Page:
How to Report Fraud against the Government and get a Reward under the False Claims Act

Approximately 10% of all government spending is lost due to fraud. Because the government spends over a trillion dollars each year, that adds up to $100 billion. What can you do about it or how can you get a reward for reporting fraud against the government?

Often, fraud goes undetected unless a whistleblower steps forward. In fact, 80% of all government fraud cases are brought by whistleblowers. Under the False Claims Act, the Department of Justice has a whistleblower reward program that pays rewards of a portion of the funds it recovers.

So far, the Department of Justice whistleblower reward program has recovered $25 billion back from those who cheated the government and has paid out $3 billion in rewards to whistleblowers. However, most Americans are still unaware of this reward program where a private person who steps forward with information gets a portion of the recovery for reporting fraud against the government—up to 30% of what the Department of Justice recovers back from the cheating company. The largest rewards for reporting fraud against the government exceed $100 million, and the average whistleblower reward is $1 million.

Under the False Claims Act, the Department of Justice pays rewards of up to 30% of the funds it recovers. This includes reporting fraud under any of the more than 20 federal programs, such as Medicare or military fraud. It even extends to Bailout fraud and TARP fraud. Many states now have similar reward programs. The IRS is even offering whistleblower rewards for reporting tax evasion or income tax fraud.

How to Report Fraud under the False Claims Act

Like anything else involving the government, you have to follow the exact procedures—or else you won’t meet the standards and won’t get a reward.  Although the government wants to partner with you, there are some technical requirements you must meet and pitfalls to avoid.

What most don’t realize is that you must do more than call a hotline or be the first one to contact the government. That is not enough. To be eligible for a whistleblower reward you must actually file an application in a legal court proceeding in federal court similar to what you would do in any civil lawsuit.  In addition, you must actually use a qualified attorney. Because it is a legal proceeding, it only makes sense to hire an attorney familiar with the False Claims Act. (Most quality attorneys representing whistleblowers work on a contingency, so you won’t have to spend any out of pocket money to claim a reward.)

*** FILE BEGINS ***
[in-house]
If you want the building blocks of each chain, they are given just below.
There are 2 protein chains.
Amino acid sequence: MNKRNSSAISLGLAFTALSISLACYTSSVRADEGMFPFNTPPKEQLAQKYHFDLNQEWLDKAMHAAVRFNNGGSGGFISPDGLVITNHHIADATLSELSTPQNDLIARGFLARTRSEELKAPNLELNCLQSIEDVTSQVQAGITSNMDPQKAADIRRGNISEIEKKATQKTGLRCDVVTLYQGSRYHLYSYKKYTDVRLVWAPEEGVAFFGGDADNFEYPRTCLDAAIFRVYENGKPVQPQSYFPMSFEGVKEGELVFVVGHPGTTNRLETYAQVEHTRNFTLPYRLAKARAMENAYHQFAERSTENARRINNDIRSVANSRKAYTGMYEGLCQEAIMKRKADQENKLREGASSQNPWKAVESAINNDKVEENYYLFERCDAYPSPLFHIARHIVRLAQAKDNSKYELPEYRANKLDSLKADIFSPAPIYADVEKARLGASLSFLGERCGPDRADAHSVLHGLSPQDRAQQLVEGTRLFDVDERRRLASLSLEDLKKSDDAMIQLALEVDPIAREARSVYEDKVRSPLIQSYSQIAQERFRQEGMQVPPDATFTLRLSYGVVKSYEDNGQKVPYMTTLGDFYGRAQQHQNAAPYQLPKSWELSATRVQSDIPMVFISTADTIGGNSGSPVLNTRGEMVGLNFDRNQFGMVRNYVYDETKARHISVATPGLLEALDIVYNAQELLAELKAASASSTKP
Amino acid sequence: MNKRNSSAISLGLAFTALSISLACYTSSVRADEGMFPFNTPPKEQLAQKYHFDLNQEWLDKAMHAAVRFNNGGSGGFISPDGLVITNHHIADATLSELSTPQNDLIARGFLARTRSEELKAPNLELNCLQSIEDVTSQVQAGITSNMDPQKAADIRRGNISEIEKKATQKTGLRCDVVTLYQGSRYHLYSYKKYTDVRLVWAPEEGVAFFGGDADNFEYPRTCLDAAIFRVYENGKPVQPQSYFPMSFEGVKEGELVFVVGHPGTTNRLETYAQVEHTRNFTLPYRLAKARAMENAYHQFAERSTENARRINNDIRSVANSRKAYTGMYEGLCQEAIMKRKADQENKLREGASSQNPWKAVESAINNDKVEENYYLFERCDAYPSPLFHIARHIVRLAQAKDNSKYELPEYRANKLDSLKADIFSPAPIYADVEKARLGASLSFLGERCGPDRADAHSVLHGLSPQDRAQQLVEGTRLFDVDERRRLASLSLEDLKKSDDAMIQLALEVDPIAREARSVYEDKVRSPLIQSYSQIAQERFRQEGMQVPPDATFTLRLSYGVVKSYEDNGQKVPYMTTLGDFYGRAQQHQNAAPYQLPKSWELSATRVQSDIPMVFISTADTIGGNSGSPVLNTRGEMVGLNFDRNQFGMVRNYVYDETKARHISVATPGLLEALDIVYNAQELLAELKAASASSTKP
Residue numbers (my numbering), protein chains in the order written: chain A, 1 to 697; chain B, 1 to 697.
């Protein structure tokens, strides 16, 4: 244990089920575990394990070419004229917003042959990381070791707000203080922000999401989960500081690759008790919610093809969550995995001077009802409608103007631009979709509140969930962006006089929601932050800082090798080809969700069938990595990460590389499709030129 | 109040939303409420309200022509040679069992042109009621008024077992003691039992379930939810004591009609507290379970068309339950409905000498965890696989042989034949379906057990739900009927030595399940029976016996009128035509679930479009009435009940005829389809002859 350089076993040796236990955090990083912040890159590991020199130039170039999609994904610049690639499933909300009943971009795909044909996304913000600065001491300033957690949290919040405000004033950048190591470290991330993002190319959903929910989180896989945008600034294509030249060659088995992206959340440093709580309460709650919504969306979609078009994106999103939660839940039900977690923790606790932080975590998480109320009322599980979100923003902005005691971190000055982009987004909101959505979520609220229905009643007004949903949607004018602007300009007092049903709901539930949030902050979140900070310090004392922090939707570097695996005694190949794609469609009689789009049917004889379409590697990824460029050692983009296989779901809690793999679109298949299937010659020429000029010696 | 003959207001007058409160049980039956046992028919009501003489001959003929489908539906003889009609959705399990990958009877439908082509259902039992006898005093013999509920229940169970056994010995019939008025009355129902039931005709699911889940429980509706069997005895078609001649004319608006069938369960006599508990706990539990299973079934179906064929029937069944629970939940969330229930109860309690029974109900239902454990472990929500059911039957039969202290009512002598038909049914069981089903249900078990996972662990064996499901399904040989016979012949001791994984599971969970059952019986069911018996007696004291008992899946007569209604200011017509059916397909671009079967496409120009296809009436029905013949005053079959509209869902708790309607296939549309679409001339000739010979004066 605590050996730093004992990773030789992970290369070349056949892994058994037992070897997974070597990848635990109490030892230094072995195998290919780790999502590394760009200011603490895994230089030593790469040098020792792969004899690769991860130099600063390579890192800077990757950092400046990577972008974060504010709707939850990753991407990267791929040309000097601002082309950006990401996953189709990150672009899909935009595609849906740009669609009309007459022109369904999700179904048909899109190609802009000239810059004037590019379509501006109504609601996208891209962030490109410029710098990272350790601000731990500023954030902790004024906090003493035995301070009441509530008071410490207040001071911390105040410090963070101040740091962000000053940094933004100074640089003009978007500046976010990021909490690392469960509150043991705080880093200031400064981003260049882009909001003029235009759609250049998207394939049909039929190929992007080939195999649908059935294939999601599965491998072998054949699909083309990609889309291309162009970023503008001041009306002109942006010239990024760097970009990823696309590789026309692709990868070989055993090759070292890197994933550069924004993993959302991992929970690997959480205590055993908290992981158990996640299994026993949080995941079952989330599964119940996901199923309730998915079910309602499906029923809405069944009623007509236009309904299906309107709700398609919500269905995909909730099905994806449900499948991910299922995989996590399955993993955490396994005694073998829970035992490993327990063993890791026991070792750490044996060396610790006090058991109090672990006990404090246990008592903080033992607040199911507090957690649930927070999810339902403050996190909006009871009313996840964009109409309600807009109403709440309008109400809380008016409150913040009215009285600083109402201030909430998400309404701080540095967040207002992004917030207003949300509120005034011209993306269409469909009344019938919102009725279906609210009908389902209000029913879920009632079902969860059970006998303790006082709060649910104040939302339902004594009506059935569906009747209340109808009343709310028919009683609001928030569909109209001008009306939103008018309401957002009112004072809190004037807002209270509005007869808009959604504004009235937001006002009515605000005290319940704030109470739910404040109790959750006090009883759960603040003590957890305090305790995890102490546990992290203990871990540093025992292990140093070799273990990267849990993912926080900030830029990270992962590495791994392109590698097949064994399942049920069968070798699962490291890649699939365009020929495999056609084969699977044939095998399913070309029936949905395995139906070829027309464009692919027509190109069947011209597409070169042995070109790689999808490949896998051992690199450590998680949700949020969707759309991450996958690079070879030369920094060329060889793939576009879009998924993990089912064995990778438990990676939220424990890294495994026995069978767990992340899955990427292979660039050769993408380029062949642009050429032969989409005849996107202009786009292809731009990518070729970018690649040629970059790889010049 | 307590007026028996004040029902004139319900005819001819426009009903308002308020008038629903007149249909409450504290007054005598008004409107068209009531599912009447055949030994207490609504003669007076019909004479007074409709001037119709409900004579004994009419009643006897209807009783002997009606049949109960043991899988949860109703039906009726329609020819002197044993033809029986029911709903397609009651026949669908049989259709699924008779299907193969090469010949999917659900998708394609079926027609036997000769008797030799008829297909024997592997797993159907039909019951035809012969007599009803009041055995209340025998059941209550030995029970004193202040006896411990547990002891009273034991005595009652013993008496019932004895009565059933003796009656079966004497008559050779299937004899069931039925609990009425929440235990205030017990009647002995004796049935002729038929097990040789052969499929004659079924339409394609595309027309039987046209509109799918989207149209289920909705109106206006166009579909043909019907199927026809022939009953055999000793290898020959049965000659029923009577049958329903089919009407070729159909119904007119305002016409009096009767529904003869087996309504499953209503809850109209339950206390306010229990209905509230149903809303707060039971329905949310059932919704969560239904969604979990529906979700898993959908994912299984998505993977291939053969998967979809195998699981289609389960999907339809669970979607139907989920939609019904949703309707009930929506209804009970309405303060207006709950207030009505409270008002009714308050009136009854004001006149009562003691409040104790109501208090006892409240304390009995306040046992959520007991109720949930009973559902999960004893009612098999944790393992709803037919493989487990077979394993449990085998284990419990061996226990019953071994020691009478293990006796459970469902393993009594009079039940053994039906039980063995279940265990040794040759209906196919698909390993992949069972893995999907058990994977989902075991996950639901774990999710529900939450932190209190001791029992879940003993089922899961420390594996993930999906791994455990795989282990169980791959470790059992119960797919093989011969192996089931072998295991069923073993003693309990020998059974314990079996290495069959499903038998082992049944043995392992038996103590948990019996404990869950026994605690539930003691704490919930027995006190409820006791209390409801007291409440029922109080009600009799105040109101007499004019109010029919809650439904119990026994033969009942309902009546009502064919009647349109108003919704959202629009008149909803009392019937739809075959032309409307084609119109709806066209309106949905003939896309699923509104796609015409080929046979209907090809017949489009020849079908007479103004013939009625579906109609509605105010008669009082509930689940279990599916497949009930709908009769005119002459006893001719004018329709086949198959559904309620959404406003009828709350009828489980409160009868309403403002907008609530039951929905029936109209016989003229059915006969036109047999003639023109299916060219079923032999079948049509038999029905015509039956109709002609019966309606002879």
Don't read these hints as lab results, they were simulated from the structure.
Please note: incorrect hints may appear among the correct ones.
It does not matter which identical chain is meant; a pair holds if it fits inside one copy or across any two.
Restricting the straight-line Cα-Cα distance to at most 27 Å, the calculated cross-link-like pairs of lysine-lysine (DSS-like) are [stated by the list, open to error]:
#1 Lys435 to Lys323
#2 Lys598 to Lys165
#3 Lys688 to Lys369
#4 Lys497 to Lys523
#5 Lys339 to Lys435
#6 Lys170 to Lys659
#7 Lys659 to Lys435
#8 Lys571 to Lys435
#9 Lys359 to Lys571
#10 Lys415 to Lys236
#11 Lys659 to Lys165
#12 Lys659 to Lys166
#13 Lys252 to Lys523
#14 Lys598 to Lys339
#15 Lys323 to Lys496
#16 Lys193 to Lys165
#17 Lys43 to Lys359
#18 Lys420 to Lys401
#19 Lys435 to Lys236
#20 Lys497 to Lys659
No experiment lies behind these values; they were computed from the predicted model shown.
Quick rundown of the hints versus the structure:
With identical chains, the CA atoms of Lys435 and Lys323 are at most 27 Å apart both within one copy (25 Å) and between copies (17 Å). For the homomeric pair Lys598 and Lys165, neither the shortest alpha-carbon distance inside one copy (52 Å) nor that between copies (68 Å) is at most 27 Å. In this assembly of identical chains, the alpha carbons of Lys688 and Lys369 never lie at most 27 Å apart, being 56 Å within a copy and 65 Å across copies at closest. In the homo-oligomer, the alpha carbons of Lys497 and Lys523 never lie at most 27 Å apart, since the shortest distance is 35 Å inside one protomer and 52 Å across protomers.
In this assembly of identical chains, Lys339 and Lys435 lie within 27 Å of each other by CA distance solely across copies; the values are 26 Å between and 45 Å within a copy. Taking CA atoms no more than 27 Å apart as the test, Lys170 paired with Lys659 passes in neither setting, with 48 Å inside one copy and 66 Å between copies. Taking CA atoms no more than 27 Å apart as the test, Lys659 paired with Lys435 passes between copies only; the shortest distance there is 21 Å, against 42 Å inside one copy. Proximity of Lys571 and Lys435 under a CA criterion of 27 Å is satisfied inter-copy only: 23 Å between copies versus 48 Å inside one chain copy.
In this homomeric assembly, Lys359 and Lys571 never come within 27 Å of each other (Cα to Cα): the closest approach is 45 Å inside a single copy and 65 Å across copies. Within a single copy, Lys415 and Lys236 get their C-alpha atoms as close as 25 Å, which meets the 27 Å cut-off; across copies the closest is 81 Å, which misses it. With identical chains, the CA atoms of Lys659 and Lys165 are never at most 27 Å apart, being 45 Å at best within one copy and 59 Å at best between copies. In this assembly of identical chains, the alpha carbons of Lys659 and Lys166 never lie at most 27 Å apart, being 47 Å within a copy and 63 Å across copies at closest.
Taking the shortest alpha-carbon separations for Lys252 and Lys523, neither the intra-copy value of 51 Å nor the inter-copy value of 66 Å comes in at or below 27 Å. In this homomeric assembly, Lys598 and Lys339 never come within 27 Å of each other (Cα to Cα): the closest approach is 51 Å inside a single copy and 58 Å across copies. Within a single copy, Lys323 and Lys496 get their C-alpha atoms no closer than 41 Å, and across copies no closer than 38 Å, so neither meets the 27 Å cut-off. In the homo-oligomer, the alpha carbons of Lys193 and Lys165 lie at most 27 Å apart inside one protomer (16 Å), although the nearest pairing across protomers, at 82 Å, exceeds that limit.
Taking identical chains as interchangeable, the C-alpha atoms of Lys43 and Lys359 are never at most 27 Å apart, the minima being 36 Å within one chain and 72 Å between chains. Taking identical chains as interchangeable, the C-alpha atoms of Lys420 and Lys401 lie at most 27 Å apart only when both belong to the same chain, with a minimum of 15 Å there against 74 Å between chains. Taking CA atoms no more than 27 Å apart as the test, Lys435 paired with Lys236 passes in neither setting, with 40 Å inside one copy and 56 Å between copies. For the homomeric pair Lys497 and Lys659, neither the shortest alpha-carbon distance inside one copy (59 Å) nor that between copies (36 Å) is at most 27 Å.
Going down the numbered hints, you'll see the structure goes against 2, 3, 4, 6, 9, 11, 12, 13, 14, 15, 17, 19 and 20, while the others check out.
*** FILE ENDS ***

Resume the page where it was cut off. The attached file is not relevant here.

If you are the first one to properly file and follow the correct steps, you are eligible for up to 25% of the amount of fraudulent payments recovered back.  Approximately $3 billion in whistleblower rewards have already been paid, and the largest rewards exceed $150 million. Nearly 1 out of 5 applicants have received a reward.

Examples of Fraud Schemes against the Government

The Department of Justice whistleblower reward program applies to anytime a person or company cheats or commits fraud under any federal contract or program, such as Medicare Fraud and Medicaid Fraud, TARP fraud, Bailout Program fraud, and fraud against the military, homeland security and other federal agencies. It even includes companies cheating the Post Office or underpaying royalties as well as grant fraud (research/educational) or guaranteed loan program fraud. It doesn’t matter what government program was cheated, you can earn a reward for reporting it. The ways companies cheat the government are numerous, and the government needs your help in stamping out fraud against the government.

It’s time to find out how to get a reward for reporting fraud against the government under the False Claims Act.

Joel Hesch spent 15 years as an attorney in the Fraud Division of the Department of Justice (1990-2006) administering the national whistleblower reward program. He is the author of a recent book, Whistleblowing: A Guide to Government Reward Programs (How to Collect Millions of Dollars for Reporting Fraud). He is currently a law school professor and represents whistleblowers filing for monetary rewards for reporting fraud. Please visit his informative website,, to learn more about government reward programs.

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